Richmond Park

Richmond Park

Infobox park
park=Richmond Park

image size=350px
caption=Isabella Plantation, Richmond Park
size=955 hectare (2,360 acre)
opened=before 1272
operator=The Royal Parks
status=Open all year

Richmond Park is a 955 hectare (2,360 acre) urban park near central London, UK. Almost three times larger than New York City's Central Park [ [ Written answer to the House of Commons] from the Head of the Royal Parks Service, 7 February 2002] , it is Britain's largest urban walled park, as well as the largest of the Royal Parks in London. It is close to Richmond, Ham, Kingston upon Thames, Wimbledon, Roehampton and East Sheen.

[ [ Written answer to the House of Commons] from the Head of the Royal Parks Service, 7 February 2002] . The park is also famous for its Red and Fallow Deer.

ignificant features

The Isabella Plantation is an important and attractive woodland garden.

There is a protected view of St Paul's Cathedral from King Henry VIII's Mound, and a view of the central London's London Eye, Natwest Tower and 'The Gherkin', appearing to be in close proximity to each other.

The Park contains notable buildings, ten of which, plus the whole wall of the park, are listed buildings.
* Pembroke Lodge and some associated houses stand in their own garden within the park. Pembroke Lodge was originally a home of 1st Earl Russell, and is now a restaurant.
* The Royal Ballet School has been based for many years at White Lodge where younger ballet students continue to be trained. It was originally a hunting lodge for George I.
* There are four other houses, apart from the gate-houses: Thatched House Lodge, Holly Lodge (formerly Bog Lodge), White Ash Lodge and Oak Lodge. Holly Lodge contains a visitors’ centre (bookings only), the Park's administrative headquarters and a base for the Metropolitan Police's Royal Parks Operational Command Unit.

King Henry VIII's Mound

King Henry VIII's Mound is the highest point within the park and is located within the public gardens of Pembroke Lodge. It is named after Henry VIII of England.

There is speculation that the mound has an older history, and may have originally been a barrow.

From the Mound there is a protected view of St Paul's Cathedral in the City of London over 10 miles (16 km) to the east which was established in 1710. (A telescope is installed on the mound, for a better viewing experience.) This vista is protected by a 'dome and half' width of sky on either side. The Mayor of London sought to overturn this protection in 2005, and reduce it to 'half a dome'. No final decision is yet public.To the west is a panorama of the Thames Valley.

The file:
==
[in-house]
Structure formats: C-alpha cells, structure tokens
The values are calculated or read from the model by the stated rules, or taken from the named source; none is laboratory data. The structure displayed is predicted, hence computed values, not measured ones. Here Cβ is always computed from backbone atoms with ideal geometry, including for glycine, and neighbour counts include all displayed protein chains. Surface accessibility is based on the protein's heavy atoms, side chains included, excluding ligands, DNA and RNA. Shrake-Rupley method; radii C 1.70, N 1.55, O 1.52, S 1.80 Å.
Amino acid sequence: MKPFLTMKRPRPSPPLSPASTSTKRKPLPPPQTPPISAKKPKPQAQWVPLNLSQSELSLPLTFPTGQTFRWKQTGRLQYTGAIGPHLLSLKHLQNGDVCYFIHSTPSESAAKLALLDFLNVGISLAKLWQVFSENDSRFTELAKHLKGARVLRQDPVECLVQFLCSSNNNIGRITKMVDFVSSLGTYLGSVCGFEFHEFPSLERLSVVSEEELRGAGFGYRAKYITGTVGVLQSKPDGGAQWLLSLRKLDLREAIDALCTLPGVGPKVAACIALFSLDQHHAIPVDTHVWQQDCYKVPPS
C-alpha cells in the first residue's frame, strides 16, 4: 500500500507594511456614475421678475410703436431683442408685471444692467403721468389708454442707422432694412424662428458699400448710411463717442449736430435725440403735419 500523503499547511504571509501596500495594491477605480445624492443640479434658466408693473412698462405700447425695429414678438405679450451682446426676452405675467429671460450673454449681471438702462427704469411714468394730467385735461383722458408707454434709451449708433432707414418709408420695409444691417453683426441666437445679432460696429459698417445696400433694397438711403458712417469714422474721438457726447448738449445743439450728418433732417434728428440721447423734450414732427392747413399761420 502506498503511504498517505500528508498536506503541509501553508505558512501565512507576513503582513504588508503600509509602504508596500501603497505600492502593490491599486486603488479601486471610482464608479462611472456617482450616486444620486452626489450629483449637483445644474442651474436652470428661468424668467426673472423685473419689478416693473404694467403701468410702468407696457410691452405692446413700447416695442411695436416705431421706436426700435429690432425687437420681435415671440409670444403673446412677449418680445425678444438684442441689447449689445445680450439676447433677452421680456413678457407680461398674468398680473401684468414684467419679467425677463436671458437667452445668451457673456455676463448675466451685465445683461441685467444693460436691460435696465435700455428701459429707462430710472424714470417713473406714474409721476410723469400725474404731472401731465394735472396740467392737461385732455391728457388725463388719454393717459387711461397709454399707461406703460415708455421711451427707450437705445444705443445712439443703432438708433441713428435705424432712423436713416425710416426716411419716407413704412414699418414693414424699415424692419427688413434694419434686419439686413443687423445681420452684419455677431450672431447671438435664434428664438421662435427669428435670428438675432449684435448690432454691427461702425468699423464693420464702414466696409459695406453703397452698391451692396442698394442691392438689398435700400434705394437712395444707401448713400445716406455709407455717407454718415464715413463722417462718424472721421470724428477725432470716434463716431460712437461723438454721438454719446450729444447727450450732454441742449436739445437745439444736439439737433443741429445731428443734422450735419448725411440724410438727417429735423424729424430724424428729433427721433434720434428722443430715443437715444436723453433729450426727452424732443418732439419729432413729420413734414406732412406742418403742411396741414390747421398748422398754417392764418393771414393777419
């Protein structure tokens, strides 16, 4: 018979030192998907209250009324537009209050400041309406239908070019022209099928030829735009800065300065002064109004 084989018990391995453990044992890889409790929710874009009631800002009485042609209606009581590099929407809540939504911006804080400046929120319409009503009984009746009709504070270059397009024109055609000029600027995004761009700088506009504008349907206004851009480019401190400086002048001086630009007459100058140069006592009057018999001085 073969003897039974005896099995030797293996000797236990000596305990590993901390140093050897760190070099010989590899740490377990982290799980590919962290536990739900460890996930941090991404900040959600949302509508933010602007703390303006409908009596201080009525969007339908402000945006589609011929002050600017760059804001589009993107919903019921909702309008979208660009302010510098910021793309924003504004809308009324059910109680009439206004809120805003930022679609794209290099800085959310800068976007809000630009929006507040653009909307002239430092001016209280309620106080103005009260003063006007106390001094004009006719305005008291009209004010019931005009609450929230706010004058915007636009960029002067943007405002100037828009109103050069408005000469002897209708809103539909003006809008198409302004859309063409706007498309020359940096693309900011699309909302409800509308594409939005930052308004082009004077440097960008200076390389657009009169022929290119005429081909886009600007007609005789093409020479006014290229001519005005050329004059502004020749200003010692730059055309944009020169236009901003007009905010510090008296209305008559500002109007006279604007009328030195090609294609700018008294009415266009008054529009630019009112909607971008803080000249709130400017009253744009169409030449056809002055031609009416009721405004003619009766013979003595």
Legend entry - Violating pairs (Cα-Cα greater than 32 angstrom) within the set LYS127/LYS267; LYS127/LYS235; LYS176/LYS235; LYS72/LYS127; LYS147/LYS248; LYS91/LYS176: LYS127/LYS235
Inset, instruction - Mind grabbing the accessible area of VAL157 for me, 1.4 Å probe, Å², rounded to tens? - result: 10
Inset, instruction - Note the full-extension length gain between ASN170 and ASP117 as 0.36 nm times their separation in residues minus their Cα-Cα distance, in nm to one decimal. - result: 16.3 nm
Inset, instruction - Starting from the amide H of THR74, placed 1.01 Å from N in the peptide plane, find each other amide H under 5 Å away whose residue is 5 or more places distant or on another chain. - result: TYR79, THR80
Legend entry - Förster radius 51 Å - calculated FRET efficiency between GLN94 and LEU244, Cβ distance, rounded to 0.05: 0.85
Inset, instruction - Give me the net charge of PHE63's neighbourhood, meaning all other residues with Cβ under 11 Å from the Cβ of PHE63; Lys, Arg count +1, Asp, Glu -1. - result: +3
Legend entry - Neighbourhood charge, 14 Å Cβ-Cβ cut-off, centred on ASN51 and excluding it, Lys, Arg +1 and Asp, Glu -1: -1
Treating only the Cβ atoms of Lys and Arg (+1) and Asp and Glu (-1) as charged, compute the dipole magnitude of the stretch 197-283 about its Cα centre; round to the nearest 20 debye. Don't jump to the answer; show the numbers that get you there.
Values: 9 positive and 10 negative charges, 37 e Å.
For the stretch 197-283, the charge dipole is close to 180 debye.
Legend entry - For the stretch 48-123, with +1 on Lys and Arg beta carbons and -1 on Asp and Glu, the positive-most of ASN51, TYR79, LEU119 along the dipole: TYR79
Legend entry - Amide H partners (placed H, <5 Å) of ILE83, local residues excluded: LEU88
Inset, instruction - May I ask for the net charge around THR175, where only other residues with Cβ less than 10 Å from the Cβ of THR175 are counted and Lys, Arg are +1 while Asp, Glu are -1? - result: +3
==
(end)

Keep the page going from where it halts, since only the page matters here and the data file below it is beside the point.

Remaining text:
The park's open slopes and woods are based on lowland acid soils. The grassland is mostly managed by grazing. The park contains numerous woods and copses, some created with donations from members of the public.

One such area is the Isabella Plantation, a stunning woodland garden which was created after World War II from an existing woodland, and is organically run, resulting in a rich flora and fauna. It is a major visitor attraction in its own right.

Another is Queen Mother's Copse, a small triangular enclosure on the woodland hill halfway between Robin Hood Gate and Ham Gate, established in memory of the late Queen Elizabeth, the Queen Mother.

Another is Two Storms Wood, a short distance into the park from Sheen Gate. (Some extremely old trees can be seen inside this enclosure).

Another is Bone Copse which was named in 2005. It was started by the Bone family in 1988 by purchasing and planting a tree from the Park authorities in memory of Bessie Bone who died in that year. Trees have been added annually, and in 1994 her husband Frederick Bone also died. The annual planting has been continued by their children.


Richmond Park is a Site of Special Scientific Interest, a National Nature Reserve and a Special Area of Conservation for the Stag beetle.

Herds of red and fallow deer roam freely within much of the park. A cull takes place each November to ensure numbers can be sustained.

Many of the deer in Richmond Park are infected with a bacterium called Borrelia burgdorferi which can be transmitted to humans through a tic bite causing Lyme disease. Borrelia burgdorferi belong to a group of bacteria known as spirochetes which cause a number of diseases worldwide, including syphilis, leptospirosis, relapsing fever and Lyme disease.